Comparison of Alice Kettle and Ibrahim Mahama

Coursework, Creative Arts 1.1 Experience Creative Arts, Creative Arts BA (Hons), Project 2: Encountering Time - A Critical Analysis, Research & Reflection

For exercise 4: Comparative Analysis, I have chosen to compare Alice Kettle’s Thread Bearing Witness (2018) and Ibrahim Mahama, Material Effects (2015.

I was drawn to compare these two due to their contrasting use of fabric in their work. Fabric is something I work with a lot and it was interesting to see two vastly different employments of it with a lot of commonalities too.

Venn diagram comparing Alice Kettle and Ibrahim Mahama

The overall aesthetic of the two pieces couldn’t be more different. They both do construct with fabric as the basis but in a very different way. Thread Bearing Witness is a large scale work involving highly coloured and detailed embroidery (Whitworth, 2018). The pieces take fabric as the basis but then teams of people embroider using a huge variety of stitches and colours and a plethora of designs. The connecting feature is the theme of cultural heritage, migration and the role of embroidery as a domestic practice worldwide. The variety in the designs is as wide as the people creating them and each person has a story to tell through their creation. When they are displayed together there is a sea of colour from blues, reds, turquoise to golds and yellows and everything in between. Material Effects also uses fabric as the basis but takes a monotone look due to brown jute being the only fabric used. The effect is a wall of brown, again huge in scale but this time the focus isn’t on the variety of stitches and fabric techniques, the impact is in only one significant fabric being used throughout (MSU, 2020). Mahama only use jute to make his giant installations. Jute is a symbol of global industrialism and the associated labour with it. There are also strong links to the colonial past and its historical link to empire. Jute is predominantly produced in a few countries in Asia and Latin America and then circulates worldwide through international trade networks (Amarica, 2018).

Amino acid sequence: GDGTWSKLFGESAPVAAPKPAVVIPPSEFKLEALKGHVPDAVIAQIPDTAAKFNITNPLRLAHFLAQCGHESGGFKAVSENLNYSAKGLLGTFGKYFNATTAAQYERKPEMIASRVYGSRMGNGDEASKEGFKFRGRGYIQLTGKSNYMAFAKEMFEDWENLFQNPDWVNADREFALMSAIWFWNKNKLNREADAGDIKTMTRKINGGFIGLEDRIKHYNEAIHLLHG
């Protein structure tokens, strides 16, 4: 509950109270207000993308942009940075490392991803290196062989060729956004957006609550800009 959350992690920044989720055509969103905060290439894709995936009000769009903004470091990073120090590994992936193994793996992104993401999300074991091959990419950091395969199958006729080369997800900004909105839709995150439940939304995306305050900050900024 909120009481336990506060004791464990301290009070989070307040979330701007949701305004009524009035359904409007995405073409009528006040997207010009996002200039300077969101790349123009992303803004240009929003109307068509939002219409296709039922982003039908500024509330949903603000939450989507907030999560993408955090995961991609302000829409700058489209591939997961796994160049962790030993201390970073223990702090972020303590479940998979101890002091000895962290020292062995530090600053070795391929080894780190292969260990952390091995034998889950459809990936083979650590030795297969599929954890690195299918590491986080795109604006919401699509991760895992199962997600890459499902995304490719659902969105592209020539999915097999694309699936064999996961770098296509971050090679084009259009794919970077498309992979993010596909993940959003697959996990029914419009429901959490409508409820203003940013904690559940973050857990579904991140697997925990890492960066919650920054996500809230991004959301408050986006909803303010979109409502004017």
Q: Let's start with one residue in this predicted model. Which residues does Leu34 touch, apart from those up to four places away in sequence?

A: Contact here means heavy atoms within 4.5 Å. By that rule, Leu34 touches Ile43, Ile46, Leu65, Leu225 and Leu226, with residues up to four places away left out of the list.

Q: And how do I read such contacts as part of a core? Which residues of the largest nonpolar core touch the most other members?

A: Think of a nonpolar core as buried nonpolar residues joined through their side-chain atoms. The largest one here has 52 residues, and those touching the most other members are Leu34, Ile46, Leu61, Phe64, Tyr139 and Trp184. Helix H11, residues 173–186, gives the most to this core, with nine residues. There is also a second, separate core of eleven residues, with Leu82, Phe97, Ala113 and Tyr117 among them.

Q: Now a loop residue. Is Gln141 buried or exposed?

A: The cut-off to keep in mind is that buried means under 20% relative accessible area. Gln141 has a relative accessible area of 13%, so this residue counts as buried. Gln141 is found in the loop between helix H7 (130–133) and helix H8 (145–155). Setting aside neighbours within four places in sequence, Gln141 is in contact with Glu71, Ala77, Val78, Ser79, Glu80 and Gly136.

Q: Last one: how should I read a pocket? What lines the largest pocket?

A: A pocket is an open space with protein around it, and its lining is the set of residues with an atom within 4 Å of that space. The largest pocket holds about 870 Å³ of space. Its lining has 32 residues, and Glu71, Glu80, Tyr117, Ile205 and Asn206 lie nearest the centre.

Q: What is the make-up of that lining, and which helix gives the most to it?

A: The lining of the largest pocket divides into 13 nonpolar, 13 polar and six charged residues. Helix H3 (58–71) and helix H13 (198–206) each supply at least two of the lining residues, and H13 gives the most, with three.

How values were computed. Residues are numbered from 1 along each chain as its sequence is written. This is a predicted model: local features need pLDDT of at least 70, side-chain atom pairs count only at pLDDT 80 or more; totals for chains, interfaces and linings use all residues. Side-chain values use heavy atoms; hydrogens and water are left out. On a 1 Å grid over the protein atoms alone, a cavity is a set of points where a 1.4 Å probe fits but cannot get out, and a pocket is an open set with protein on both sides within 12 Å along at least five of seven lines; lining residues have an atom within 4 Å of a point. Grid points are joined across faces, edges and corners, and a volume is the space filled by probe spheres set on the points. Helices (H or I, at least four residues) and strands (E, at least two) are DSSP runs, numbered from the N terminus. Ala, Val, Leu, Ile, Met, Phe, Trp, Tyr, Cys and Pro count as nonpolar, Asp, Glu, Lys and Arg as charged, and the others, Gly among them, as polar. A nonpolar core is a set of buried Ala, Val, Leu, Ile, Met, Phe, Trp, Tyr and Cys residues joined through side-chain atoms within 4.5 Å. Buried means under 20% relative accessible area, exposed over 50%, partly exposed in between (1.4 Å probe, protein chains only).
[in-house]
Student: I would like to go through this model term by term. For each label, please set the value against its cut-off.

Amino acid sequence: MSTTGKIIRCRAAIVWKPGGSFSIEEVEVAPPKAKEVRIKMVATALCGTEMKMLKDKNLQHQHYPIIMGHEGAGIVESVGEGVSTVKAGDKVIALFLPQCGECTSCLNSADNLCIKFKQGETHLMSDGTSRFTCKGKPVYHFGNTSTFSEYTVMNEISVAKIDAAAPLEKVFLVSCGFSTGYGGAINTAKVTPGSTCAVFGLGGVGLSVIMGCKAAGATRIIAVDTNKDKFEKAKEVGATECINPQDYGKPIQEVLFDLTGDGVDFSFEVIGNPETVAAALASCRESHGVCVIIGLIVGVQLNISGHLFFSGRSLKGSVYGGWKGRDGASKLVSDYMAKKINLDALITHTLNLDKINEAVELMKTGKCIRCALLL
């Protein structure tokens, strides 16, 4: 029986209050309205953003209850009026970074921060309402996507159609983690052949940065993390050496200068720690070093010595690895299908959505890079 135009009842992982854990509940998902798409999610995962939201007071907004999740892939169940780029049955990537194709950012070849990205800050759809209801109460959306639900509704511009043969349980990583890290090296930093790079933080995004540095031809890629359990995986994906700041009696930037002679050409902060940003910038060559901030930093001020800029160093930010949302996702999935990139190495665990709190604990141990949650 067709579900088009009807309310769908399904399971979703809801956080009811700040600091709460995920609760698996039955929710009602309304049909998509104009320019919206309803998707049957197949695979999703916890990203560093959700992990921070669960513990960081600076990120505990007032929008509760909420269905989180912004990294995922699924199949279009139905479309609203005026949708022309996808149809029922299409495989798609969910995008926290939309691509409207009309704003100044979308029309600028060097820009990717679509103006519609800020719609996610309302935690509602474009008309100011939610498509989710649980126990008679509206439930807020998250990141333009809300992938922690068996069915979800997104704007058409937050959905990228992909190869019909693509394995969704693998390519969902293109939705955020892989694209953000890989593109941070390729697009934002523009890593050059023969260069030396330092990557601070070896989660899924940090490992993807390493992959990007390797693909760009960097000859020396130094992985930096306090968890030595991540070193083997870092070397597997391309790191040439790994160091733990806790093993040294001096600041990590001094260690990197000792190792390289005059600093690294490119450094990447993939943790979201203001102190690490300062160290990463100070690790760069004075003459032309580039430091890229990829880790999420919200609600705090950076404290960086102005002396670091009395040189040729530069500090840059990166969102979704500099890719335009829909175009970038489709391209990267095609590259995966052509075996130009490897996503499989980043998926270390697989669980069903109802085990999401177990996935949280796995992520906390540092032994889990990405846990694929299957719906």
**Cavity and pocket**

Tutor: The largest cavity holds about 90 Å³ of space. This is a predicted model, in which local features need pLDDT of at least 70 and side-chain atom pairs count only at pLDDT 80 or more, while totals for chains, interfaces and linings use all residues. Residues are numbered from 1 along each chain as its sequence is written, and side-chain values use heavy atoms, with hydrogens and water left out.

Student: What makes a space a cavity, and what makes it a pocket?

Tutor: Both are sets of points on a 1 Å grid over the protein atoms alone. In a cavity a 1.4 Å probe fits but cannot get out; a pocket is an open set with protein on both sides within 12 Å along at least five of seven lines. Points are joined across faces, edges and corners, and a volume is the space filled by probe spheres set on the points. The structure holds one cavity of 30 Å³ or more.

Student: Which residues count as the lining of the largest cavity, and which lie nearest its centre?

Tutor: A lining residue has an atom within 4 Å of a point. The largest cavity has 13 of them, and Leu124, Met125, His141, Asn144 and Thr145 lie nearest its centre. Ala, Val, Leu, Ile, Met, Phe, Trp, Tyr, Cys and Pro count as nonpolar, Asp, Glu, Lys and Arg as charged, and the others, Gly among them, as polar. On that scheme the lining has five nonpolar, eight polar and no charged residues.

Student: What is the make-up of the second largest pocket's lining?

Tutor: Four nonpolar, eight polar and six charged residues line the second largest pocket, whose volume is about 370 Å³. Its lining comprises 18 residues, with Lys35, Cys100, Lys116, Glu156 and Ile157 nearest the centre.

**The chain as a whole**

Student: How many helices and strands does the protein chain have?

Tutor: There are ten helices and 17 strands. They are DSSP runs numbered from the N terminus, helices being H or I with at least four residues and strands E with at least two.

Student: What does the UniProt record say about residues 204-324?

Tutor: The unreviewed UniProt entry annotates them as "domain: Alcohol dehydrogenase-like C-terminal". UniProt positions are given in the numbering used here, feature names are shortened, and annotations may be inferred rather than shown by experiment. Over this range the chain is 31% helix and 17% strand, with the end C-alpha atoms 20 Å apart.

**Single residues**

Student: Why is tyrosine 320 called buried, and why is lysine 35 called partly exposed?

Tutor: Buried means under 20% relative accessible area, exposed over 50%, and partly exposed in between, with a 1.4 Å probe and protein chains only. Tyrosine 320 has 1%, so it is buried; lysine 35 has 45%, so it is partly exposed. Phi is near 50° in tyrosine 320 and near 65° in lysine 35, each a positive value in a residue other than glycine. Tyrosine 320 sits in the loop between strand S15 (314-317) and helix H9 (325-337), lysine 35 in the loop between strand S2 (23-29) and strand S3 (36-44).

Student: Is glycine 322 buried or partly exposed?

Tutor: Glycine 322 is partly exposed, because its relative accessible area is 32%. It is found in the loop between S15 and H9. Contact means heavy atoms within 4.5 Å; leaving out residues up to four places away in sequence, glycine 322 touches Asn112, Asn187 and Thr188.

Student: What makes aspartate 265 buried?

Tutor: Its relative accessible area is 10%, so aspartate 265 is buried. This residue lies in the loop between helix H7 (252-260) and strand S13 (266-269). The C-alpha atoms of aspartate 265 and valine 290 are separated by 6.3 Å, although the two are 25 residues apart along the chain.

A strong theme that runs through both pieces is the politics of movement. In Kettle’s case, the focus is on the movement of people through migration and the impact on people’s lives. Migration is one of the defining issues of our time and will continue to be through climate change and global conflict. It can be easy for us in the West to sit and watch the news about refugees and migrants and detach ourselves from it. Kettle brings the people behind the news into the limelight and gives them an opportunity to share their creativity and stories. In a similar way, with his use of jute, Mahama highlights the hidden people in the global labour force. By using a material directly linked to Ghanian cocoa production, he shows the integral role African labourers have in producing goods for western consumers. Through this, both are giving a voice and stage to marginalised people.

The production of both pieces although they use very different techniques have some similarities. Both are produced by cooperation and community. Kettle gets groups of migrants together to produce pieces for the collection and Mahama and his many collaborators work together in communal settings, which are often former sites of production — abandoned factories, train stations, markets, or courtyards.


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